Social conditions in urban public transport companies in Europe

Related to: Urban Public Transport, Social Dialogue, Working conditions in urban public transport
22 Sep 2015

The development of working conditions in the urban public transport sector is a permanent subject for discussion between employers and trade unions in urban public transport (UPT). Very important is the question whether competition and privatisation – in the form of competitive tendering – have a negative effect on working conditions, and therefore need regulatory intervention.

ETF and UITP have different views on the impact of deregulation of Europe’s urban public transport market. More specifically, ETF believes that competitive tendering of urban public transport services invites a race to the bottom of working conditions on the lowest price principle. We favours the direct award of public service contracts and demand compulsory social protection and transfer of staff if authorities chose a competition-based approach. The UITP, on the other hands, rather points to the lack of financial support and stability for UPT companies and denies a direct link between the awarding procedure and the development of working conditions.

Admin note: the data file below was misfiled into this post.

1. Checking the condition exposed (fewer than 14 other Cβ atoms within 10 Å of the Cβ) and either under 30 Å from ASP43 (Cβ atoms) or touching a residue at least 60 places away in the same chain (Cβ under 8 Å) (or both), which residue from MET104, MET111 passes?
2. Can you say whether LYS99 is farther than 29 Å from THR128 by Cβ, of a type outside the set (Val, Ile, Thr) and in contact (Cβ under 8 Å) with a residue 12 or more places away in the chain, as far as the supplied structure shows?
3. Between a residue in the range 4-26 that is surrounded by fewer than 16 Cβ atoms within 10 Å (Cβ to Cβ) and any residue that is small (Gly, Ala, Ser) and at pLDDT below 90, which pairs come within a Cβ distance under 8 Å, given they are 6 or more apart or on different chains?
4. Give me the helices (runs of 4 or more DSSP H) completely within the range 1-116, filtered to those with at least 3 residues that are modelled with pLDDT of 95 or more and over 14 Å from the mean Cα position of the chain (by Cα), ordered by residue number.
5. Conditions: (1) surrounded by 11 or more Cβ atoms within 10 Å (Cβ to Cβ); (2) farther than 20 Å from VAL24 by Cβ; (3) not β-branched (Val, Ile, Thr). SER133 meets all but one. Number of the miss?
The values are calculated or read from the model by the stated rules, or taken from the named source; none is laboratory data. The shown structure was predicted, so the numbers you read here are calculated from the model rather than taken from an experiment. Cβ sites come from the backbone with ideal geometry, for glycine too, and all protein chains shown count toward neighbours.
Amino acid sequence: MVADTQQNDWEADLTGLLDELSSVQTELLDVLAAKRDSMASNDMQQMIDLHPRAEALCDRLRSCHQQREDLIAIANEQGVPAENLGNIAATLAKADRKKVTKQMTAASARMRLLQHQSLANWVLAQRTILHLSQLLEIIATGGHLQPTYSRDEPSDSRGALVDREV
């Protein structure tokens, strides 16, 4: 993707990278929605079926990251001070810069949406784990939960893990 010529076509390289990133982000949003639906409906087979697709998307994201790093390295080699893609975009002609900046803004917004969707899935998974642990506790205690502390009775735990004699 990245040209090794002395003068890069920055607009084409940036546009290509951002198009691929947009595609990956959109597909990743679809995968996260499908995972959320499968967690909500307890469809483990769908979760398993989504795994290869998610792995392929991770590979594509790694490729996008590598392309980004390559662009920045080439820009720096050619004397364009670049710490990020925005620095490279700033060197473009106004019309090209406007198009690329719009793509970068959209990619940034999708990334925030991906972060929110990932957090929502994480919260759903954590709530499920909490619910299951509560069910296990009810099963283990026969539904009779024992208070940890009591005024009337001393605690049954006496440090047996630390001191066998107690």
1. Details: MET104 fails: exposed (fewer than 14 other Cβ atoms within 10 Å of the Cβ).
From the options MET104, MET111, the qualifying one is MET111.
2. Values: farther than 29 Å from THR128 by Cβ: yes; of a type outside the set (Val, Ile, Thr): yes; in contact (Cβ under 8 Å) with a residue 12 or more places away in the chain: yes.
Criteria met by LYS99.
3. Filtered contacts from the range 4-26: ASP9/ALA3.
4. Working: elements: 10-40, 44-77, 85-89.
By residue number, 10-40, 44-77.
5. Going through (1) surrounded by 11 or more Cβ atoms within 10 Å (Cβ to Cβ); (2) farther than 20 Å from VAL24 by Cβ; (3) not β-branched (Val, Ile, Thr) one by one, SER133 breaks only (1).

In order to better understand the situation in Europe, UITP and ETF decided in 2015 to carry out a joint study on working conditions in UPT companies in Europe.

The joint study gives comprehensive information on how the UPT sector is organised in different European countries, including the legal framework underpinning market organization. It gather sinformation on how employment conditions are regulated and the role of collective bargaining agreements (national, sector, regional or company level). It also seeks to chart to what extent social conditions have changed over the past 10 years by exploring national examples of UPT operators. Particular focus was placed on trends in employment levels, the structure of collective bargaining and social dialogue, and the influence of legislation and collective bargaining on salaries and working conditions.

Within this context, particular attention was given to examples of change of operator in order to understand whether Regulation 1370/2007 has played a role with regard to requiring bidders to meet certain social conditions and/or the transfer of staff and to analyse the impact for individuals active in the sector and their working conditions.

The detailed annex with more detailed country reports for 12 countries is particularly useful.

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